What I did not realize when the breakout happened in spring 2013, was that Bernanke would deliver his notorious speech provoking the taper tantrum just a few weeks later, on May 21. That speech caused a one month -5% sell-off on Wall Street. But by the end of 2013 the S&P 500 was 20% above the taper tantrum low. US equities continued to rise almost without interruption until the middle of 2015.
It is clear, therefore, that Fed tapering in 2013, far from signaling the end of the post-crisis equity rally, helped to power Wall Street’s breakout from a long term bearish trading range and into a sustained bull market that is still going strong today. How can we account for this apparent paradox?
One possible explanation is that Fed tapering finally refuted the widespread belief that the post-crisis economic recovery was entirely dependent on ever larger injections of monetary stimulus. Conventional wisdom at the time maintained that once the withdrawal of the performance-enhancing drugs began, the US economy would go cold turkey and that asset prices—artificially and unsustainably pumped up by monetary steroids—would quickly deflate.
Instead of collapsing, financial sentiment and equity prices were reinforced once it became clear that the economy could handle the withdrawal of monetary stimulus, and that the US was shifting out of a cyclical recovery fuelled by extraordinary monetary stimulus and into a sustainable long term expansion driven by the normal market economy process of steadily rising employment and growth in private demand.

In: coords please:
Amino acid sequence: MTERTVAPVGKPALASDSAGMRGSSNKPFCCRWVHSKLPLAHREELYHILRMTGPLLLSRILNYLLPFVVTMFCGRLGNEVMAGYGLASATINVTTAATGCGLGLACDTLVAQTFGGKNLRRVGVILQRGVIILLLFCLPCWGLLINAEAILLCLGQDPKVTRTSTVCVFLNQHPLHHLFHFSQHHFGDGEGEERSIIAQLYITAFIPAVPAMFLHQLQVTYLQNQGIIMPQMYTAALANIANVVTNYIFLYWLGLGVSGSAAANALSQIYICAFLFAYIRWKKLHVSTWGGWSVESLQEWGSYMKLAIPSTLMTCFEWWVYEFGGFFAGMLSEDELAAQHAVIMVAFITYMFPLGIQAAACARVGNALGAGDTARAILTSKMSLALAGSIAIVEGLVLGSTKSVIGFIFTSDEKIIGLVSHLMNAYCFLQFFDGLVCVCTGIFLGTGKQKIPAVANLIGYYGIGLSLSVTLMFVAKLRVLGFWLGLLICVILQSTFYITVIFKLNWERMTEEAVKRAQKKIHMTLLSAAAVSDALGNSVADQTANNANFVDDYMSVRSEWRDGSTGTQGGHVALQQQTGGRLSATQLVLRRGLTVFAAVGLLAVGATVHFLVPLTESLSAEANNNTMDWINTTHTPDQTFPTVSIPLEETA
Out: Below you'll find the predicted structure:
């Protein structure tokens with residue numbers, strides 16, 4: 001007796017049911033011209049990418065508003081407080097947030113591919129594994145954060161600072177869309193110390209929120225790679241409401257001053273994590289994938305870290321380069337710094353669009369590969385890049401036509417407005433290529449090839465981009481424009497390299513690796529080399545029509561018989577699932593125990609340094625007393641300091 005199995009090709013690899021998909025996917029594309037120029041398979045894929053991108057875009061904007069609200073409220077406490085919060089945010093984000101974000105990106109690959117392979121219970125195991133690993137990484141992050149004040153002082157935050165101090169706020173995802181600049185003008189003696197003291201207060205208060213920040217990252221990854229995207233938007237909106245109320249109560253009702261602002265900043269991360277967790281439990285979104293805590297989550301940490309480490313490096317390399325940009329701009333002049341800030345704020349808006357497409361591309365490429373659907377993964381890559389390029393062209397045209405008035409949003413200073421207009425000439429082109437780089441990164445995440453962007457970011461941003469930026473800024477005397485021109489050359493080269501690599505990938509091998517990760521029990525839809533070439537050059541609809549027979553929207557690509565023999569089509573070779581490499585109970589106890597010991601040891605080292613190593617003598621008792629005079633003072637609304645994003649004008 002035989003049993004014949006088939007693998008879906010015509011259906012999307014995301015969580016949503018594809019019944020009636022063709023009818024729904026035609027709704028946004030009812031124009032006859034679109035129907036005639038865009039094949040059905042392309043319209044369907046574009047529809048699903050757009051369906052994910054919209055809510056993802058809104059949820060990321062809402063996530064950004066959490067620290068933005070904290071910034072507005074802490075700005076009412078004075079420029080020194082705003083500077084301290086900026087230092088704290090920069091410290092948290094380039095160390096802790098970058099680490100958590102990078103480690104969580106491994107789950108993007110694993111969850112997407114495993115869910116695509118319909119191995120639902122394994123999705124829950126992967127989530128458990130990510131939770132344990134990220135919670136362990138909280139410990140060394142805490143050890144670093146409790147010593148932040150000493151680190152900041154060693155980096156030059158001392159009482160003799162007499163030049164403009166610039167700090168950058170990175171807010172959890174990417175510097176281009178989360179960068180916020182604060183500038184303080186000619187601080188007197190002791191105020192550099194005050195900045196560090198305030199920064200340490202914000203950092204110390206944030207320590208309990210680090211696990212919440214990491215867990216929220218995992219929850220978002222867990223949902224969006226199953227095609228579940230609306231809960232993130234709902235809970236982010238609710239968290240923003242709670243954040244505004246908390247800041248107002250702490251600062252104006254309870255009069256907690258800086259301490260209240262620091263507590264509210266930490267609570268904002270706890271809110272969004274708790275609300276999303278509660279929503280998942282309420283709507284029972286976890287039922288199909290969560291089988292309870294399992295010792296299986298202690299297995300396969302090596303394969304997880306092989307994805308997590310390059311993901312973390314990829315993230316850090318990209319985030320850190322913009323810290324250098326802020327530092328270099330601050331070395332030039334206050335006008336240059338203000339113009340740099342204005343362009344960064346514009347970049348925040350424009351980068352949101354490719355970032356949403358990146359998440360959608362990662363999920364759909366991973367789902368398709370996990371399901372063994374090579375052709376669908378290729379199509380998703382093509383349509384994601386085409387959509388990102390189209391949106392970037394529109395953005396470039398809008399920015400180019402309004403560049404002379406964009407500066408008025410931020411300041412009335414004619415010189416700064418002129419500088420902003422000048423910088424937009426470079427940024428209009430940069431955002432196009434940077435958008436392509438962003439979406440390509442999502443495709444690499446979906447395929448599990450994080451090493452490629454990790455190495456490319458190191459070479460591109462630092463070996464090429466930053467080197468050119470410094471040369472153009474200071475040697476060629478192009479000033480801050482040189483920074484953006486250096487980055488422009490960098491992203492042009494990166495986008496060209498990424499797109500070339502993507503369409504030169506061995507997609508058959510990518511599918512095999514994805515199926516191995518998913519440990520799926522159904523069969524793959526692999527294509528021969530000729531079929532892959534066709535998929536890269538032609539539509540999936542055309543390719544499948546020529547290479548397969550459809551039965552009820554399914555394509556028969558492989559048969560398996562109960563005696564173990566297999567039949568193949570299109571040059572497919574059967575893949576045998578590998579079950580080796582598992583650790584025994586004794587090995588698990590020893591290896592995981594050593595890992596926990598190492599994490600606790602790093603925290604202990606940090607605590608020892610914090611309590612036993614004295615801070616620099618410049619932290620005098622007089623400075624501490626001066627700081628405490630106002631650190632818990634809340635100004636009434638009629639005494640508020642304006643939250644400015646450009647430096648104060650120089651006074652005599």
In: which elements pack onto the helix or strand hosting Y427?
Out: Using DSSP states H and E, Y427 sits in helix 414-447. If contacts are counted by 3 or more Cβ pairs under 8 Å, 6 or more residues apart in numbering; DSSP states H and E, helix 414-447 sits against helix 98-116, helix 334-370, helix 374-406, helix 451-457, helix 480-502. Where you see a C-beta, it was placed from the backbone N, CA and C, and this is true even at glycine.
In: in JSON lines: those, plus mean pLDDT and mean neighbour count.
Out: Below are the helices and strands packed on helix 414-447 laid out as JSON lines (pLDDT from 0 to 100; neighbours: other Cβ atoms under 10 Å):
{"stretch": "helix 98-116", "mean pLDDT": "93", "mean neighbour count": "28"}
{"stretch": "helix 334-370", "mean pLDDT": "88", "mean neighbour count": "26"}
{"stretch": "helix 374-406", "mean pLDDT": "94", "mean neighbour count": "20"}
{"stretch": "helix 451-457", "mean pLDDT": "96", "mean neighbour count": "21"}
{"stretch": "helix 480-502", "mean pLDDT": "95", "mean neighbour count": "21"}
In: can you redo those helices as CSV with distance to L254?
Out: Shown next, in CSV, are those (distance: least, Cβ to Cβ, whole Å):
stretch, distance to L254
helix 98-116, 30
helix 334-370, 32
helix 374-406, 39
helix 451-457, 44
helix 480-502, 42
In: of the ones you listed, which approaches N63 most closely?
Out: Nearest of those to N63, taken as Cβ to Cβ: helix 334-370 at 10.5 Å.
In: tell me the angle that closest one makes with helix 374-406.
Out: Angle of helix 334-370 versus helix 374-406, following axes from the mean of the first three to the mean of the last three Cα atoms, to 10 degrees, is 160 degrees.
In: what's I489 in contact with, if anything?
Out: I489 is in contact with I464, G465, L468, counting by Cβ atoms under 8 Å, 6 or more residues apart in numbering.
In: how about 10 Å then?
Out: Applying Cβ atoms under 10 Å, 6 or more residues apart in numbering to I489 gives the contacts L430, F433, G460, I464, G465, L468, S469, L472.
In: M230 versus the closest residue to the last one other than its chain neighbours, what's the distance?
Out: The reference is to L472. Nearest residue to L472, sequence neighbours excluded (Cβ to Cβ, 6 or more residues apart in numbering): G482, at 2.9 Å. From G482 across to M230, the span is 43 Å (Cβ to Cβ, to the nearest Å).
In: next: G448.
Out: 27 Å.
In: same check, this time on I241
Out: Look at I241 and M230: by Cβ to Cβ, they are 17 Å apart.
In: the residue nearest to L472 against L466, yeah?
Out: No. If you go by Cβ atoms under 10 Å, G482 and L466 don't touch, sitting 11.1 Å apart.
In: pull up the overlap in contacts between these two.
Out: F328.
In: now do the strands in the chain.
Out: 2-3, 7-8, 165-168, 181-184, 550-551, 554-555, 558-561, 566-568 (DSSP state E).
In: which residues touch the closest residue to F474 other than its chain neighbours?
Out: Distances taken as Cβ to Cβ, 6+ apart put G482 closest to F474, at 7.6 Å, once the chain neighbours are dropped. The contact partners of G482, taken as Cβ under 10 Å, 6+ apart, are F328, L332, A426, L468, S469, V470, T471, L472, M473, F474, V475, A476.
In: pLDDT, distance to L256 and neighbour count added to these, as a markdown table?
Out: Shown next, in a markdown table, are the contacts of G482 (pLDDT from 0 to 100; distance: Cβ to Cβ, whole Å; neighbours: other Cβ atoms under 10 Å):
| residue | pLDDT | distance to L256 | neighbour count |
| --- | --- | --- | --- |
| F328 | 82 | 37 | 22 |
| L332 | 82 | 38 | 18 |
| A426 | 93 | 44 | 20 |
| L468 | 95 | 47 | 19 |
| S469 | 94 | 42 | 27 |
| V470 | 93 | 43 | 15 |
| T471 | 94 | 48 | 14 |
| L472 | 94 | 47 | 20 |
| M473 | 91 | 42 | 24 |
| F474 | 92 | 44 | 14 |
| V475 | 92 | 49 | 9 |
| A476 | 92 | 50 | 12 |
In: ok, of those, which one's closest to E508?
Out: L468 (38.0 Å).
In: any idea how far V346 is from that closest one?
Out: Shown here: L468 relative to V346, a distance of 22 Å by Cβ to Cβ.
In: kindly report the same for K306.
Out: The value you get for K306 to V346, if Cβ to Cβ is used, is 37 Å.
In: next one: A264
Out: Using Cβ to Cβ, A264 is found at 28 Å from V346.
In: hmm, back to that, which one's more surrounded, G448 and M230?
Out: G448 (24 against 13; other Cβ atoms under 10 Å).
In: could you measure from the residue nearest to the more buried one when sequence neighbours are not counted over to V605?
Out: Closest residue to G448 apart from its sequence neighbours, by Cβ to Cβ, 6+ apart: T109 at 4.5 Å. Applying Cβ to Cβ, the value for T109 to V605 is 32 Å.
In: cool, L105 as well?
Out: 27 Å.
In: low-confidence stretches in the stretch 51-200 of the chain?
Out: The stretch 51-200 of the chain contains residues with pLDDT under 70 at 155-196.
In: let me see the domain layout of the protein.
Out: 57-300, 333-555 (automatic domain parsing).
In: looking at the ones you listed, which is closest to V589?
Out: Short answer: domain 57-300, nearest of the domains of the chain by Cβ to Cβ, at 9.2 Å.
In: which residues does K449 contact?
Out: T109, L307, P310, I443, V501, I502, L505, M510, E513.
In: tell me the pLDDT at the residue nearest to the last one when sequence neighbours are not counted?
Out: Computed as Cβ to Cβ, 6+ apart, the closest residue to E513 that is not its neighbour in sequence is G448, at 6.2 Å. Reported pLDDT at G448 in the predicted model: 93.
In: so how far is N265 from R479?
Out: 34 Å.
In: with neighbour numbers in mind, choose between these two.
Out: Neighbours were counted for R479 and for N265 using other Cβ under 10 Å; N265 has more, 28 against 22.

All of which brings me to the bad news. Firstly, Fed tapering occurred at a time when Europe and Japan were gearing up to expand monetary stimulus. But when the ECB tapers there won’t be another major central bank preparing a massive balance sheet expansion. It could still turn out, therefore, that the post-crisis recovery in economic activity and the appreciation of asset values was dependent on ever larger doses of global monetary stimulus. If so, the prophets of doom were only wrong in that they overstated the importance of the Fed’s balance sheet, compared with the balance sheets of the ECB and Bank of Japan.
This is a genuine risk, and an analytical prediction about the future on which reasonable people can differ, unlike the factual observations above regarding the revealed behavior of the ECB, the Franco-German rapprochement and the historical experience of Fed tapering.
Secondly, it is likely that the euro will rise further against the US dollar if the ECB begins to taper and exits negative interest rates. A stronger euro will at some point become an obstacle to further gains in European equity indexes, which are dominated by export stocks. However, a stronger euro may not necessarily harm the shares of domestically-oriented companies, or even those of export stocks expressed in US dollar terms.
In fact, it is quite possible that a substantial part of the performance gap that has opened up between US and European equities since the Fed’s taper tantrum will be closed by currency movements, rather than by the relative performance of equities as expressed in domestic currencies. This is what happened from 2003 to 2007, when European equities outperformed US equities by 30% in local currency terms, but by 80% in US dollars (see the right-hand chart below). Something similar could easily happen over the next few years, regardless of whether or when Draghi decides to drop more hints about tapering by the ECB.
This article originally appeared at Gavekal Research.